The Independent

Starmer is leading the way with electoral politics


In the year 2023, it is clear to see that Sir Keir Starmer means business. For most of his nearly three years as the leader of the Labour Party, a consistent (and fair) criticism of him has been that, while he has acted as a de facto prosecutor of government failure, he has fallen well short on the second and most crucial part of the job, which is to offer the alternativ­e vision for the country that the voters want.

But Sir Keir appears to have had a plan after all. He has spent the first part of what will, in effect, have been a five-year term in opposition sorting out the Labour Party’s internal problems, including exorcising Corbynism; and now, with admirable timing, he is pivoting to convincing the country to vote for him.

It’s clear to see that he’s doing this in the time-honoured way, by moving towards the centre ground. His interview with The Sunday Telegraph, in which he promises to rid the NHS of “nonsense bureaucrac­y”, is a significan­t moment. Daring to offer measured criticism of the NHS, as opposed to relentless beatificat­ion, is a direct appeal to the very many people who are frustrated with both the government and the NHS itself.

He is right to say that it is a complete nonsense that many NHS services can only be accessed via GP referral, and that a GP appointmen­t can itself only be secured by hammering the phone line at 8am and hoping to get lucky.

The Conservati­ves have reformed the NHS many times over the last 13 years. Not all of those reforms have been disastrous, but the NHS is now in an unimaginab­le mess. By promising NHS reform, rather than simply indulging in Tory-bashing, Sir Keir will attract the attention of those who can see that reform is needed, and who may well trust Labour, more than the Conservati­ves, to carry it out.

In addition, last week Labour’s shadow work and pensions secretary unveiled plans to help jobseekers get off benefits and back into work. Again, those who find such a prospect intellectu­ally appealing may now have more faith in Labour to actually make it happen.

A clear return to this kind of electoral politics is long overdue and highly welcome. It has been a long time since Ed Miliband concluded that the financial crisis of 2008 had shifted the centre ground leftwards, and that he should take his party along with it. He was wrong. And with the power of hindsight it is clear to see that he liberated the Conservati­ves to worry more about what was happening to the right of them than to the left – ie, Ukip. That has had catastroph­ic consequenc­es for the country, and finally for the Tories themselves.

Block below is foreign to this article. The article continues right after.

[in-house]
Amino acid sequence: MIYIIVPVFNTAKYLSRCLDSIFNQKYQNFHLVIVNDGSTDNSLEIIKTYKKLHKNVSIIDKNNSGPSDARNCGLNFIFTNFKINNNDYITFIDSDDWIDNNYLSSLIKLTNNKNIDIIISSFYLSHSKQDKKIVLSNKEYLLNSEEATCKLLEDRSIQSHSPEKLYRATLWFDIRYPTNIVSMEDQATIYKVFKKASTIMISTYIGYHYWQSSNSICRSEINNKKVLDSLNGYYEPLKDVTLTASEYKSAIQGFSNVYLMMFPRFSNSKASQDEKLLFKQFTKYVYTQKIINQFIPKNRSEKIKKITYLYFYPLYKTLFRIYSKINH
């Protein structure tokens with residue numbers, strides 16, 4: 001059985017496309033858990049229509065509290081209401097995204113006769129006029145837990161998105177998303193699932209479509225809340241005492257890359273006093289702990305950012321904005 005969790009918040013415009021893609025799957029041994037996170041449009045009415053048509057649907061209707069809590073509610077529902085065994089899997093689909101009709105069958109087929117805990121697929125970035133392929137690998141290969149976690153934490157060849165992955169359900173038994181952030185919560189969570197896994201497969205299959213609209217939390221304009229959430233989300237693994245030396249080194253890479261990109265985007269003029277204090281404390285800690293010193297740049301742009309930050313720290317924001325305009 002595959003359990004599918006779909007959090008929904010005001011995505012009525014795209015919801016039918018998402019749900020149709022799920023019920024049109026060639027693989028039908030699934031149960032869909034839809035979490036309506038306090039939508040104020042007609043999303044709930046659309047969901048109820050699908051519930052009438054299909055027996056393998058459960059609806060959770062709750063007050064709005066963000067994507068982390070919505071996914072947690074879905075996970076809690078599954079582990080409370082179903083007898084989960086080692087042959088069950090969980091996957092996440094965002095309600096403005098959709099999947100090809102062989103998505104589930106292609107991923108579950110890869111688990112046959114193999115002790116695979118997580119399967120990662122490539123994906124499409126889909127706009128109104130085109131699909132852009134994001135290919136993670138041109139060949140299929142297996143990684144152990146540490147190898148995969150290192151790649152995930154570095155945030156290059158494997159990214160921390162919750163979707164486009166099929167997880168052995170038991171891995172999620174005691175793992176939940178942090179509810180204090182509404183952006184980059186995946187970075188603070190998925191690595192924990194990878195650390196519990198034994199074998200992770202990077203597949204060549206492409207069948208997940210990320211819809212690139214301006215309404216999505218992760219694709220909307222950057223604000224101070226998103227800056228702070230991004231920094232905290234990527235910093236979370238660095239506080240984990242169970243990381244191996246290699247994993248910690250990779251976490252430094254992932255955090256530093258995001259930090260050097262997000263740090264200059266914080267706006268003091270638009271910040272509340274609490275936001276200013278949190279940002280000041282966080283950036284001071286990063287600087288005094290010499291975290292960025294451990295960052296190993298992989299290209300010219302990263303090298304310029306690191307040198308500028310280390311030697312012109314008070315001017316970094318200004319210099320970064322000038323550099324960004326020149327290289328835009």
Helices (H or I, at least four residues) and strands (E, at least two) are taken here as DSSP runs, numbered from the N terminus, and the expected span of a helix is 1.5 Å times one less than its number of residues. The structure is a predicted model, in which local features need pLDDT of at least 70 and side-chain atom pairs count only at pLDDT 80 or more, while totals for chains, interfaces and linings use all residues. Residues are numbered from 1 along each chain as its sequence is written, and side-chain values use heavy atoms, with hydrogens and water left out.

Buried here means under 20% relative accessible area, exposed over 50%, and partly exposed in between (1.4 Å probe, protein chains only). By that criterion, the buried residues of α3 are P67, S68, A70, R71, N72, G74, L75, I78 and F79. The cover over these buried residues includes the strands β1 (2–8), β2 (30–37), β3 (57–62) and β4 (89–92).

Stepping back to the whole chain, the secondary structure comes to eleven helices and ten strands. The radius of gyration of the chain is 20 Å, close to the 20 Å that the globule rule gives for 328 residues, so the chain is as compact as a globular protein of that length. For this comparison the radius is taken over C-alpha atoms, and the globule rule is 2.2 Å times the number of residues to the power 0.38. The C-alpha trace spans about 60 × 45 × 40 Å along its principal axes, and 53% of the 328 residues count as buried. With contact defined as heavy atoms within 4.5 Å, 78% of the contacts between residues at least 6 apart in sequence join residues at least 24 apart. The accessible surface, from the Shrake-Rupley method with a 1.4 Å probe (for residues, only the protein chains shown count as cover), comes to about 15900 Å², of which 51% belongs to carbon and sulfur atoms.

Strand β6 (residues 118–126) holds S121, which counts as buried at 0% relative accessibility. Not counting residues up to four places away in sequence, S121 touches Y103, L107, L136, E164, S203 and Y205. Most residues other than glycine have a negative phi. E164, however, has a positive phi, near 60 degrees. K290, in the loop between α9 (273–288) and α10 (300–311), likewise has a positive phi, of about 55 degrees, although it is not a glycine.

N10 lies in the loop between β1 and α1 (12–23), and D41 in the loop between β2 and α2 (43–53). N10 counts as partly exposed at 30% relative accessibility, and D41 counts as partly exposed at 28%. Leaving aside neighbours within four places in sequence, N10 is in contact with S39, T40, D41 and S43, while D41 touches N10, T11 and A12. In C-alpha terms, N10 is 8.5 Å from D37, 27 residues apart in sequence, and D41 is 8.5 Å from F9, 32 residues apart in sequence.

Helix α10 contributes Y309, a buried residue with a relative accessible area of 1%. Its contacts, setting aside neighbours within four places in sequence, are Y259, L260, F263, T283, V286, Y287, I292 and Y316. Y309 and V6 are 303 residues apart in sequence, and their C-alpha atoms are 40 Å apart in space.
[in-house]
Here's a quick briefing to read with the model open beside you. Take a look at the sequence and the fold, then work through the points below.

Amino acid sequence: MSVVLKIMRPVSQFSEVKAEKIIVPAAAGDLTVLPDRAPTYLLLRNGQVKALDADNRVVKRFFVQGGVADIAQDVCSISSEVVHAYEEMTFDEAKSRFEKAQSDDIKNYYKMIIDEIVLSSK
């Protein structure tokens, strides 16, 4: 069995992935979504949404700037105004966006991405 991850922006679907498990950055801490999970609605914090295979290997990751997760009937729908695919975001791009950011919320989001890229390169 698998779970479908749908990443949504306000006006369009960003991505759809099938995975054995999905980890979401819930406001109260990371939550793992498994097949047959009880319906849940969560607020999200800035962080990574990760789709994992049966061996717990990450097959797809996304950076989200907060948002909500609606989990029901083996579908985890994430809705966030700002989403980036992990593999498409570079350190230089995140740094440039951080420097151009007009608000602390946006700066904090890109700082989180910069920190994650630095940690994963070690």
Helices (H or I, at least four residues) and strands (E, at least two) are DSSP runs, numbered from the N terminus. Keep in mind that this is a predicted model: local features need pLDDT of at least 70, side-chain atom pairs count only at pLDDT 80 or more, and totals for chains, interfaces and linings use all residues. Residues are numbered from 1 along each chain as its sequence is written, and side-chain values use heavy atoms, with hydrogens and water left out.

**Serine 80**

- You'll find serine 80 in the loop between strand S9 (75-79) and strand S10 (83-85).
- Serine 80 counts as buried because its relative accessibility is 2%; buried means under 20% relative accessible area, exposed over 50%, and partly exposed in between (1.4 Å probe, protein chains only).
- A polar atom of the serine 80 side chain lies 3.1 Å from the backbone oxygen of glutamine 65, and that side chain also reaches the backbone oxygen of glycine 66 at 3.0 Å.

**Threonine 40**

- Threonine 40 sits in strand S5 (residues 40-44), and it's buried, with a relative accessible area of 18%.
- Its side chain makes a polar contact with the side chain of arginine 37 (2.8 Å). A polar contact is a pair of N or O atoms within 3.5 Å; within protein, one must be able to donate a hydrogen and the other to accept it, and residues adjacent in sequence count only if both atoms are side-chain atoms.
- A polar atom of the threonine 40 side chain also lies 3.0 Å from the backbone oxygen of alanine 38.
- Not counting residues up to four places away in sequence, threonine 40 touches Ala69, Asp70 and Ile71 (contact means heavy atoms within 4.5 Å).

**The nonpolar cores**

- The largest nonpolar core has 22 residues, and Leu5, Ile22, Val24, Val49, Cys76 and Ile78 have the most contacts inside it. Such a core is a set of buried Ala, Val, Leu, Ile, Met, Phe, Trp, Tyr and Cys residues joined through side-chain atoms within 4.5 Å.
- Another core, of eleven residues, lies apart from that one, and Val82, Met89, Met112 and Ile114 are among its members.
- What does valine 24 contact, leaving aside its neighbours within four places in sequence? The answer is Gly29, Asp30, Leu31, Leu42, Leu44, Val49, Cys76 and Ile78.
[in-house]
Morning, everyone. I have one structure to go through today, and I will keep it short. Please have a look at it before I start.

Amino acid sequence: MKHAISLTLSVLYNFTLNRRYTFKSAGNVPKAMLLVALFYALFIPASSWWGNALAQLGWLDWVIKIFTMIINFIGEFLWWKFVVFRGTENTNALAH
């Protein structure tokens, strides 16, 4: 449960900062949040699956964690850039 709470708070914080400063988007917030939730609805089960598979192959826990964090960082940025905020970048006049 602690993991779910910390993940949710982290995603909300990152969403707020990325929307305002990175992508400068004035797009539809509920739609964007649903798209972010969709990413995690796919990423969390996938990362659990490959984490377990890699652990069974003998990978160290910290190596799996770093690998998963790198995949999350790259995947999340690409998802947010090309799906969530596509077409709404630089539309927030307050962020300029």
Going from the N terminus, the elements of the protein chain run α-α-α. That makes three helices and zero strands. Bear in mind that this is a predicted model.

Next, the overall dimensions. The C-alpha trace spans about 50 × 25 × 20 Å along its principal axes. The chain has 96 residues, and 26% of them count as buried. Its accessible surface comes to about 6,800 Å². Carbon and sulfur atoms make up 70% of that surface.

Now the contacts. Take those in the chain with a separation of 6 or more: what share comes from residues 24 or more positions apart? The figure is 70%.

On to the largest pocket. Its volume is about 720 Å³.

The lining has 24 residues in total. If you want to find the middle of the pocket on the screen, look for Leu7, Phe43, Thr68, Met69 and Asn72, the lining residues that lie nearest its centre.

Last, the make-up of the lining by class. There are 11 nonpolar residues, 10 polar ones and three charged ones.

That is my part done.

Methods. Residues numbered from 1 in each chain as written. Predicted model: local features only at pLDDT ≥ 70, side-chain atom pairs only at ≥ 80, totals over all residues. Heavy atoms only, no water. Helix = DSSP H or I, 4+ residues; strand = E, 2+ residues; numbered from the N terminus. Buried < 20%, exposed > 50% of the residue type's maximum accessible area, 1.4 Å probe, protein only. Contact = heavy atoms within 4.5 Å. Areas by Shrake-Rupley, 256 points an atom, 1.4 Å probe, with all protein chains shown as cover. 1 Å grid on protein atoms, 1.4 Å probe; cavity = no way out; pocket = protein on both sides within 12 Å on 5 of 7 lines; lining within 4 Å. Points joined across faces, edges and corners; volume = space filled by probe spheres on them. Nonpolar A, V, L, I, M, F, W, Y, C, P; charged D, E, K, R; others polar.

The second part of Sir Keir’s term will certainly test how well he succeeded in the first. He has calculated, and he is almost certain to be correct, that the wider public will not especially care how loyal he is to the pledges he made to win the Labour Party leadership. But one of those pledges was to abolish tuition fees. He now says that, thanks to Covid, this is unlikely to be possible. It is highly unlikely to have been possible even without Covid.

Keeping the wilder elements of his party on side as he goes deeper into his quest to win over Tory voters, and to achieve mainstream approval among the electorate, will be harder for Sir

Keir than it was for Tony Blair almost 30 years ago. The margins – both right and left – have had a taste of what they perceived to be power in recent years, and they are emboldened by it.

Young people are also simply more dissatisfi­ed with their lot in life than their counterpar­ts were 30 years ago. They are more radical, and that radicalism is neither childish nor irrational. Jeremy Corbyn may have been the wrong messiah, but the scriptures are not without intellectu­al merit. Absurd property prices and plummeting real wages are radicalisi­ng forces with which previous centre-minded Labour leaders have not had to contend.

Eight years ago, in the moment of Mr Corbyn’s highly unlikely victory, it was frequently pointed out that ideology had returned to politics, that there were now clear and meaningful difference­s between the two main parties, and even that this was a refreshing and pleasing change.

But the past seven years have not felt like a refreshing and pleasing change. They have represente­d the low-water mark for British politics, arguably in respect of the last 200 years or more. There is a reasonable chance that the near future may be more stable – if only in a political sense – than the near past, and that is no bad thing.

As the late Clive James wrote in 2001: “And to those who proclaim that there is nothing interestin­g about a centralise­d politics in which two similar parties are divided only by their proposed methods of achieving the same ends, there is a sharp answer. Those are the only politics worthy of the name, and we are very lucky to live in an epoch where they prevail.”

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